Compiling instructions

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Revision as of 12:26, 10 July 2013 by Bmbmbm (talk | contribs)
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This page should help novice users run Bitmessage from the source code files.


Fedora + RHEL

Install dependencies:

Fedora and RHEL6 do not support EC in OpenSSL. Therefore we need Ringing Liberty's bitcoin repository to get a compatible library.

Repository for Fedora:

su -c 'yum install'

or this one for RedHat Enterprise Linux (RHEL):

su -c 'yum install'

Install dependencies:

su -c 'yum install python git openssl-compat-bitcoin-libs'

Download Bitmessage from GIT:

git clone $HOME/PyBitmessage

Run Bitmessage:

cd $HOME/PyBitmessage/src/ && LD_LIBRARY_PATH="/opt/openssl-compat-bitcoin/lib/" python

Other Distros

Note for Debian Squeeze (6.0) users: Debian Squeeze does not offer packages (like Python, OpenSSL) in versions that are needed for Bitmessage. You can still try to work around these problems. For Whonix (0.5.6) installation, follow the steps for Debian.

Install dependencies
APT-based distributions (Debian, Ubuntu): sudo apt-get install python openssl git python-qt4
Raspberry Pi (Raspbian "wheezy"): sudo apt-get install python-qt4
RPM-based distributions (Red Hat, Fedora): sudo yum install python openssl git
Download and run Bitmessage
git clone $HOME/PyBitmessage
cd $HOME/PyBitmessage/src/ && python


With Homebrew package manager


First, make sure you have not already installed Macports. Having both macports and homebrew on the same system is a recipe for disaster. Install Homebrew:

ruby -e "$(curl -fsSL"

Update Python:

brew install python
Install dependencies
brew install pyqt openssl
Download and run
cd ~/Desktop
git clone git://
cd PyBitmessage
python src/

With macports package manager

First, make sure you have not already installed Homebrew. Having both macports and homebrew on the same system is a recipe for disaster. Installing with macports or homebrew essentially has the same effect. Homebrew does some things better than ports, and ports does some things better than brew. If old-school floats your boat, these instructions are for you.

Select the macports installation that is right for your version of osx

Install dependencies and needed tools
sudo port install python2.7 py27-pyqt4 openssl
sudo port install git-core +svn +doc +bash_completion +gitweb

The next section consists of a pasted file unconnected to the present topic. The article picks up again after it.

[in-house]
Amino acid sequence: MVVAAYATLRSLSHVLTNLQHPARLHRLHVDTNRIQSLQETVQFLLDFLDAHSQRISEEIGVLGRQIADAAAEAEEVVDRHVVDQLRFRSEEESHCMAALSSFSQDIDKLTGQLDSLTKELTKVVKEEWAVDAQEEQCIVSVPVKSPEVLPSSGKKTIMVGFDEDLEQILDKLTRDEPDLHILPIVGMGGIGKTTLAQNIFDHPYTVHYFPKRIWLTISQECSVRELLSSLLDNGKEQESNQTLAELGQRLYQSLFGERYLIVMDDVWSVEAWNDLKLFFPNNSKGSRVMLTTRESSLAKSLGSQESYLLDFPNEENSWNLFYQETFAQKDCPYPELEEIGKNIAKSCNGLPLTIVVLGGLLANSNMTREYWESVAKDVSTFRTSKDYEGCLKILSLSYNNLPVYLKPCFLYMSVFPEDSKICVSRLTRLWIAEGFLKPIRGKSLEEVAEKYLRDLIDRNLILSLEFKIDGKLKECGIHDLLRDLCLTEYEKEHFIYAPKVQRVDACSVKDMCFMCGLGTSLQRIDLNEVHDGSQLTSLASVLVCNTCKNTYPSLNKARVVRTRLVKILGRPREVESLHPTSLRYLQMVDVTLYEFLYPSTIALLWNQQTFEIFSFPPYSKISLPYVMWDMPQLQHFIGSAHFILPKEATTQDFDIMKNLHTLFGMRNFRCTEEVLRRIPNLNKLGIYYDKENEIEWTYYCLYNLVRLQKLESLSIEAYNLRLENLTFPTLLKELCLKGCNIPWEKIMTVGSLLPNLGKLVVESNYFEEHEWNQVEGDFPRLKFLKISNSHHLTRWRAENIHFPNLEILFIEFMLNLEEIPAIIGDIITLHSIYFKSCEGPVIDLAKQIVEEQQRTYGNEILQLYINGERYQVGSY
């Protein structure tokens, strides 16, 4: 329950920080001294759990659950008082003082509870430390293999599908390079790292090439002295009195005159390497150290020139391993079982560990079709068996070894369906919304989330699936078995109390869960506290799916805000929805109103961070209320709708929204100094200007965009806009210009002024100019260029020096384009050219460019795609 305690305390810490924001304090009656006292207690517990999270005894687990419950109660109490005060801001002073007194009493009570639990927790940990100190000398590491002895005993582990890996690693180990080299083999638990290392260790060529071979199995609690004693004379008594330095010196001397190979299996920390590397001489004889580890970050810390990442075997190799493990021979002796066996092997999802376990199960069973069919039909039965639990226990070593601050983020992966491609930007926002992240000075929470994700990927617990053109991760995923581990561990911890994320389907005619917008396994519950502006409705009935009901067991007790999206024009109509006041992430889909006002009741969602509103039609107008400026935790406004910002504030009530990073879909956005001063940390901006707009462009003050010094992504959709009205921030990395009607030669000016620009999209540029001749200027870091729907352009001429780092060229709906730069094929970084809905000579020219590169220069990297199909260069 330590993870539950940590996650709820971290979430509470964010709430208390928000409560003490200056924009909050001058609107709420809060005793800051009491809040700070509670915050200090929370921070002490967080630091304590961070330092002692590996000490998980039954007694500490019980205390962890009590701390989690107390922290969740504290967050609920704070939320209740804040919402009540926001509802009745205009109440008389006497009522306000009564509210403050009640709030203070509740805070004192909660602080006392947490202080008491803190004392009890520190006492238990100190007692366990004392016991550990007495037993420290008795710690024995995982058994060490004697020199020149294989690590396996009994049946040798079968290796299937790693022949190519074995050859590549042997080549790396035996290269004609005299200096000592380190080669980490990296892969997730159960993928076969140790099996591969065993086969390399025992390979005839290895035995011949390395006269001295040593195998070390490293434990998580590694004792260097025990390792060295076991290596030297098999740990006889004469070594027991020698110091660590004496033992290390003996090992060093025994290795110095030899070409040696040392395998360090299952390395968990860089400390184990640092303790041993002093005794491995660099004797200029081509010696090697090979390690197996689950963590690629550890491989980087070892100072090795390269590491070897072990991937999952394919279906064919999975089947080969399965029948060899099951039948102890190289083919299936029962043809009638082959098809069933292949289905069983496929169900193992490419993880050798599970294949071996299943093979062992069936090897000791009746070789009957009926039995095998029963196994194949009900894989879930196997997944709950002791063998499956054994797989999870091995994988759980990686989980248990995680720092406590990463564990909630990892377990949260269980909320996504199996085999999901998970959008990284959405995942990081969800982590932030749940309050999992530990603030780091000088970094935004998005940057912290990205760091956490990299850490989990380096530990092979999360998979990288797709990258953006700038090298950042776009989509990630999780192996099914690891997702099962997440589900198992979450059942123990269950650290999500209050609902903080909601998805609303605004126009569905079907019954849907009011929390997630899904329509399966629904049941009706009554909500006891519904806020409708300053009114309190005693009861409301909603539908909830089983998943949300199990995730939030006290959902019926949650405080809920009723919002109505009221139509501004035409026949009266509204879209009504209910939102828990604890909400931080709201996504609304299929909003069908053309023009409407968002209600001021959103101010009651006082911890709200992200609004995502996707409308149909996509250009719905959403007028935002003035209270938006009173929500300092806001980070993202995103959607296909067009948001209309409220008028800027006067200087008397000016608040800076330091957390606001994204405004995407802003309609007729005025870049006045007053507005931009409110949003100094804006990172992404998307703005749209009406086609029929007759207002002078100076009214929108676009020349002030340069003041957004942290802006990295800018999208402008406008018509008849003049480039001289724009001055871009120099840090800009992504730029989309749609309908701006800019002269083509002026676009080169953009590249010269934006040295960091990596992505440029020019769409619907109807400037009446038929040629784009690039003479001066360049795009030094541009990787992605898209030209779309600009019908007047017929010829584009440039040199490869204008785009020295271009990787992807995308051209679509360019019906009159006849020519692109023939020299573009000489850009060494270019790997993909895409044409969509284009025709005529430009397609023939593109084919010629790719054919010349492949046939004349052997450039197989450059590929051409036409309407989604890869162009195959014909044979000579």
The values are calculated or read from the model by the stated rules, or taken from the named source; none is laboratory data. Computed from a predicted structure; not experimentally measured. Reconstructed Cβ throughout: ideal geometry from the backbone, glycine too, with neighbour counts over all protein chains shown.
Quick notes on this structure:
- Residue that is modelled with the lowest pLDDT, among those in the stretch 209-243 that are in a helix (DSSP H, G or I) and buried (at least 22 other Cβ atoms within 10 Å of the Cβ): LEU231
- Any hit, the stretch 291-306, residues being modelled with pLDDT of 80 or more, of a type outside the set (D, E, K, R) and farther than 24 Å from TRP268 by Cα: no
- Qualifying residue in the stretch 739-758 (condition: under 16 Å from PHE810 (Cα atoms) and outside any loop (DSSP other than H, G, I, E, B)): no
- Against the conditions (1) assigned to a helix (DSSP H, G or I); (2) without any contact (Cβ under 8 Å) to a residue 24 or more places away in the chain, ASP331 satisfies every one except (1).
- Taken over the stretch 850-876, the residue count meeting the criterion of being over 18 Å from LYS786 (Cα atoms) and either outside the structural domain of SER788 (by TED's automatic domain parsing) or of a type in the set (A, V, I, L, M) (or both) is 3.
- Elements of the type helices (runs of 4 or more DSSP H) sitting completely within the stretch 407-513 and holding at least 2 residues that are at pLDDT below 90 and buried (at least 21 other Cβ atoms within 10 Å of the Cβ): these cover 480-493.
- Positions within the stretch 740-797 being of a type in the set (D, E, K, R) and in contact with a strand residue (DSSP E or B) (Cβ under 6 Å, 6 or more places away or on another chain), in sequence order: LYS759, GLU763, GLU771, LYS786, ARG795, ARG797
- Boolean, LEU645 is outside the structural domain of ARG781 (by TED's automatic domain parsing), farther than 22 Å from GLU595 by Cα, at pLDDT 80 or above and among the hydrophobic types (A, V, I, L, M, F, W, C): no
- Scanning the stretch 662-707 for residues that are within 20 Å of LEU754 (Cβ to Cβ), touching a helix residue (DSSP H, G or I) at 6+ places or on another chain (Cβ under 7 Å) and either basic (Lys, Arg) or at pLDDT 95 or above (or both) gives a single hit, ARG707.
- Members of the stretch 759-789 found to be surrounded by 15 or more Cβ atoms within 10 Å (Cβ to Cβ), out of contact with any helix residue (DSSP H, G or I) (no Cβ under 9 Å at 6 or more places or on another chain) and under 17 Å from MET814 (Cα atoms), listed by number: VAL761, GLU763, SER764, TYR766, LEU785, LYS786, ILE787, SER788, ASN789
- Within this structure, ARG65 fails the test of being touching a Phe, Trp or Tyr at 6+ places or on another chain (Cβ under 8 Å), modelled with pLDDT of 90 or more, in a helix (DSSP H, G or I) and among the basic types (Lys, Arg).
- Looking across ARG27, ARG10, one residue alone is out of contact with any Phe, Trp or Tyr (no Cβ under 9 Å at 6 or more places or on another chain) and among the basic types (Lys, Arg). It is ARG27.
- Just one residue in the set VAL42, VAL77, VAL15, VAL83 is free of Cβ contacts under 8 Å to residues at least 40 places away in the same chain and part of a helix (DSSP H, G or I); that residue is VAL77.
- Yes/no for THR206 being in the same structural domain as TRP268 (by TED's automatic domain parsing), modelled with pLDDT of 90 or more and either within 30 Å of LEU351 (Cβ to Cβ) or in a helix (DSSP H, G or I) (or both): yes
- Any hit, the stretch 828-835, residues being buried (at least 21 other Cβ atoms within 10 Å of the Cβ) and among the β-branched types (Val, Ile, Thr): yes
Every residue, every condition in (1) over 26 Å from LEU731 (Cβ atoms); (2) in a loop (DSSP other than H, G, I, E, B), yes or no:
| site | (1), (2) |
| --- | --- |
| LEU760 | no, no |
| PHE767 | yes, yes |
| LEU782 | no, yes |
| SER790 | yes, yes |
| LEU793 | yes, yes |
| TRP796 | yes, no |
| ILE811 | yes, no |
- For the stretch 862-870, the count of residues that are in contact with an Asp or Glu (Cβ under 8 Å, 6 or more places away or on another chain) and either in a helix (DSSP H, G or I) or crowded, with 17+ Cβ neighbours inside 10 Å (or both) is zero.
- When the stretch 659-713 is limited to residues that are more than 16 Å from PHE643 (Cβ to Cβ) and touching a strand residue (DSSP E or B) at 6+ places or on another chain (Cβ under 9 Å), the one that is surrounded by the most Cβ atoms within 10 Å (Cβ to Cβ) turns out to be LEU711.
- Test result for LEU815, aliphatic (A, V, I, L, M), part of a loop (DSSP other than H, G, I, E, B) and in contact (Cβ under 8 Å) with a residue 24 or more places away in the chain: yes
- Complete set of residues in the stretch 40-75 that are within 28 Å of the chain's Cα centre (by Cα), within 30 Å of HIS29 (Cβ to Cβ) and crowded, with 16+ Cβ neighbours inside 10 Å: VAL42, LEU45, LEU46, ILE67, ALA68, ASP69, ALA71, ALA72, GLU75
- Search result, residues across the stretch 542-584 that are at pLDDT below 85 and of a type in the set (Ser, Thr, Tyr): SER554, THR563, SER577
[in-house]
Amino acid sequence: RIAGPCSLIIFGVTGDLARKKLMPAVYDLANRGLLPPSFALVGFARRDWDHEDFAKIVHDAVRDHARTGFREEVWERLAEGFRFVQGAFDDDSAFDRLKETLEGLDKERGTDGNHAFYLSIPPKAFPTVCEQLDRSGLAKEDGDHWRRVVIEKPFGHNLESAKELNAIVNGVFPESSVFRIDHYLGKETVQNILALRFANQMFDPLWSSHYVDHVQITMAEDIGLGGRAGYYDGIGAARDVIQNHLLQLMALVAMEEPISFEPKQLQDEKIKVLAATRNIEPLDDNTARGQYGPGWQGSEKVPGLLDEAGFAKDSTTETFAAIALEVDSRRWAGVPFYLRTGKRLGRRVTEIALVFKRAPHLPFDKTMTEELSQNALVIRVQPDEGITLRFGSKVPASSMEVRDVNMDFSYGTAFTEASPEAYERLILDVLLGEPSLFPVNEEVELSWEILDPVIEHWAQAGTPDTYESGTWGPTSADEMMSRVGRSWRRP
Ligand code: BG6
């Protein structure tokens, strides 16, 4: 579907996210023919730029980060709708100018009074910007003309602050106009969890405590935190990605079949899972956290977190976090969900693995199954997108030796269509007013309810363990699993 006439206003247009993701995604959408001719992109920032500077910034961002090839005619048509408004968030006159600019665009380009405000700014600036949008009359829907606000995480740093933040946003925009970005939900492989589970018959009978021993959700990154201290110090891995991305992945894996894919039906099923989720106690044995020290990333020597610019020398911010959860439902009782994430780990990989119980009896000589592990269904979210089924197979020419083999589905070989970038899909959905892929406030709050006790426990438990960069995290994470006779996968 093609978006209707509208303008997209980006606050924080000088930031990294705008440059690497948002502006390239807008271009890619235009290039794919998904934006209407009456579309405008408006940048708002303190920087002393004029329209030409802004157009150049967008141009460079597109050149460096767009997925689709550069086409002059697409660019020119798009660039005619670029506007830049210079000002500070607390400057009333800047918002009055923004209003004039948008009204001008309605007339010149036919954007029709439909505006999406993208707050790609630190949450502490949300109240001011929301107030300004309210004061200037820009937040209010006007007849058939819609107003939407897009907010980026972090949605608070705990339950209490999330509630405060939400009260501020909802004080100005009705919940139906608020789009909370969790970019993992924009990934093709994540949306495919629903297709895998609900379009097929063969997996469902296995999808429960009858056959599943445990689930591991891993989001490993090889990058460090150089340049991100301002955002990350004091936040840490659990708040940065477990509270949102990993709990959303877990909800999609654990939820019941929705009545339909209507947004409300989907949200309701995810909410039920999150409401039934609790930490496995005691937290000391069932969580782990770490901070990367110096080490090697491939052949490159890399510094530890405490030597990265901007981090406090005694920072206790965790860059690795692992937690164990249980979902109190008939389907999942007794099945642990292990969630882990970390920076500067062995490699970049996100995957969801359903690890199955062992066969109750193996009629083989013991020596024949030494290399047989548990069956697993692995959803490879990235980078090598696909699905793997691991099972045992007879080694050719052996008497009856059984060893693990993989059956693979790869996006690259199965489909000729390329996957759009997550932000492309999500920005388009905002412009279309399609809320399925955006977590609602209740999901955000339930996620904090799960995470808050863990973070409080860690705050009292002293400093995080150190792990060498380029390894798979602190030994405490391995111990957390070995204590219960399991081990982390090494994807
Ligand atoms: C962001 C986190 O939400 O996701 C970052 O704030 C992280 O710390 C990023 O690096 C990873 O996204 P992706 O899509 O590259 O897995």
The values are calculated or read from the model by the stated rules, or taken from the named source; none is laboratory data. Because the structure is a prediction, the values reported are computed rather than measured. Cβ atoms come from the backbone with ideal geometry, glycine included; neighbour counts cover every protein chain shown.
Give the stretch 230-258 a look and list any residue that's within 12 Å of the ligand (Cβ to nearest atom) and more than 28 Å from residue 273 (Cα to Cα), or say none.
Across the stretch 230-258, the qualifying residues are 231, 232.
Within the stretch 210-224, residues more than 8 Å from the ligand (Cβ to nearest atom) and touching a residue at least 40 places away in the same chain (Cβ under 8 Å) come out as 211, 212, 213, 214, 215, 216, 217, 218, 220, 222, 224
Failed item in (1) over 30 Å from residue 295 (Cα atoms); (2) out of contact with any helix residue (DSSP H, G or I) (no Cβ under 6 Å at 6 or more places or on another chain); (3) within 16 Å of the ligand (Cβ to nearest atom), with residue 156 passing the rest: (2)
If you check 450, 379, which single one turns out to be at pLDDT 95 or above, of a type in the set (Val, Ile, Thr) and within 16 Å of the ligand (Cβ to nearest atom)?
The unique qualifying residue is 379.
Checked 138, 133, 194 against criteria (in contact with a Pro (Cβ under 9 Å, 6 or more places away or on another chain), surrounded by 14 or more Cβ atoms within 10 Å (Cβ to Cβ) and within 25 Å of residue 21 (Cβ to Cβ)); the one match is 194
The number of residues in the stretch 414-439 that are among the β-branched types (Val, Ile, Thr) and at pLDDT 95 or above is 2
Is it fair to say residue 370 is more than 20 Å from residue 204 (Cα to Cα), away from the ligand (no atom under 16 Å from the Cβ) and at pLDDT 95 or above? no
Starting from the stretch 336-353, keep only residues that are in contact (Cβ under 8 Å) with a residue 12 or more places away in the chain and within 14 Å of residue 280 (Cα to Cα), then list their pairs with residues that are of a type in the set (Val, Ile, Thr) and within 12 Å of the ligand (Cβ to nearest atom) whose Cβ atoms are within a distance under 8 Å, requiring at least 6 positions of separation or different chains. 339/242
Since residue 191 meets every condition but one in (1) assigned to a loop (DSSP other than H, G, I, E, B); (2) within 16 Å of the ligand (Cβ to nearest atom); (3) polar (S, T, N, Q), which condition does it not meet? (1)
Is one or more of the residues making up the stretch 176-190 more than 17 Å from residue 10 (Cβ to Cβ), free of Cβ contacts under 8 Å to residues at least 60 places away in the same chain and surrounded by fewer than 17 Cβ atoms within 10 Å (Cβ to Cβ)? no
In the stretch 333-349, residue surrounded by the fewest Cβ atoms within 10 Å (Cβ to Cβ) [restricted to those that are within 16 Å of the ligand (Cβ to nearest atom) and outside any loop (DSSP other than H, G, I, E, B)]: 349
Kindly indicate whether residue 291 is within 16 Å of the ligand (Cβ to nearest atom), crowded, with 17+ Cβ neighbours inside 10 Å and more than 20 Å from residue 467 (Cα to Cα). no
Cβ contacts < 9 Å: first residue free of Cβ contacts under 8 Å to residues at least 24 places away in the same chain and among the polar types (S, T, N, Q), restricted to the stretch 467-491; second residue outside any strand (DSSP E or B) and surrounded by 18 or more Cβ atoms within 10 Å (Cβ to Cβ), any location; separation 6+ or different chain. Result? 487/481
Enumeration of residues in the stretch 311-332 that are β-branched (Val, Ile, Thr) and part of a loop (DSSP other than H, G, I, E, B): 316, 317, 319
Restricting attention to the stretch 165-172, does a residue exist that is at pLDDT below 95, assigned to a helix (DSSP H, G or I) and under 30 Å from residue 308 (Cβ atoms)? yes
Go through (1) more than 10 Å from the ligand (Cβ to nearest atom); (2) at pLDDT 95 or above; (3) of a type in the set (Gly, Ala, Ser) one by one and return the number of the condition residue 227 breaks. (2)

Download and run
cd ~/Desktop
git clone git://
cd PyBitmessage
python2.7 src/


  1. Download and install the latest revision of Python 2.7 (currently Python 2.7.3 from here). The Windows x86 MSI Installer is the right choice for most people. (64-bit users may want the 64-bit version).
  2. Test that it installed:
    1. Open a command prompt by going to Start > Run. Type 'cmd' then press enter.
    2. type 'python'. If python is installed, you should see the python version and the prompt: '>>>'
    3. If you see a message such as: "'Python is not recognized as an internal or external command..." then you must add the python path to your path environmental variable:
      1. Find the location where Python was installed (in particular, the location where python.exe exists). It might simply be in c:\Python2.7
      2. Follow these directions to add the Python path to your path variable.
      3. Close the command prompt window and reopen it.
      4. Try running 'python' again.
    4. Press Ctrl-Z to exit Python.
  3. Bitmessage has two dependencies. The first is PyQt. Download and install PyQt from here. You will want the Binary Package since it is already compiled for you. Be sure to select the version for Python 2.7. It is labeled as Py2.7.
  4. The second dependency is OpenSSL which you can download from here. There you will also notice the link to download the Visual C++ 2008 program in case you also find that you need that as well. (The OpenSSL installer will complain if you need to install the Visual C++ Redistributable.)
  5. Download the source code for PyBitmessage from GitHub. If it is in a zip file, you will need to extract it. There should be a few files and a few folders where one of the folders is 'src'.
  6. To run Bitmessage, navigate into the 'src' folder and then double click on the file, or in a command prompt, change directories to the 'src' directory which holds and type 'python'.

If you change user interface files

You can use Qt's Designer application to modify the user interface. After you do this, you will need to 'compile' .ui files into .py files.

  1. In a command prompt, change directories to the directory of your .ui file.
  2. Run 'pyuic4 example.ui >' If you get a message similar to 'pyuic4 is not recognized as an internal or external command' then you must add the PyQt directory to your system's path variable. This directory should hold pyuic4.bat. It might be in C:\Python27\Lib\site-packages\PyQt4. Remember to close the command window and reopen it after you change your path variable.

If you add icons to bitmessage_icons.qrc, then you must run this command: pyrcc4 bitmessage_icons.qrc -o

Optional: Compile into a stand-alone EXE

  1. Download PyInstaller.
  2. Copy Bitmessage's 'src' directory to the PyInstaller directory (which contains
  3. Run ' --onefile --noconsole --icon="src\images\can-icon.ico" src\'

This won't include the OpenSSL DLL file in the EXE; if you send it to someone who doesn't have OpenSSL installed, it will not run. To include the DLL file in the EXE, you must follow these steps:

  1. After following the steps above, you will see that pyinstaller created a folder called bitmessagemain. In that folder is a file: bitmessagemain.spec. Open it with a text editor.
  2. Below the line "a.datas," add this line: a.binaries + [('libeay32.dll', 'c:\\windows\\system32\\libeay32.dll', 'BINARY')],
  3. Save and close
  4. Run this command: bitmessagemain/bitmessagemain.spec

If you do not have the libeay32.dll you can download it here.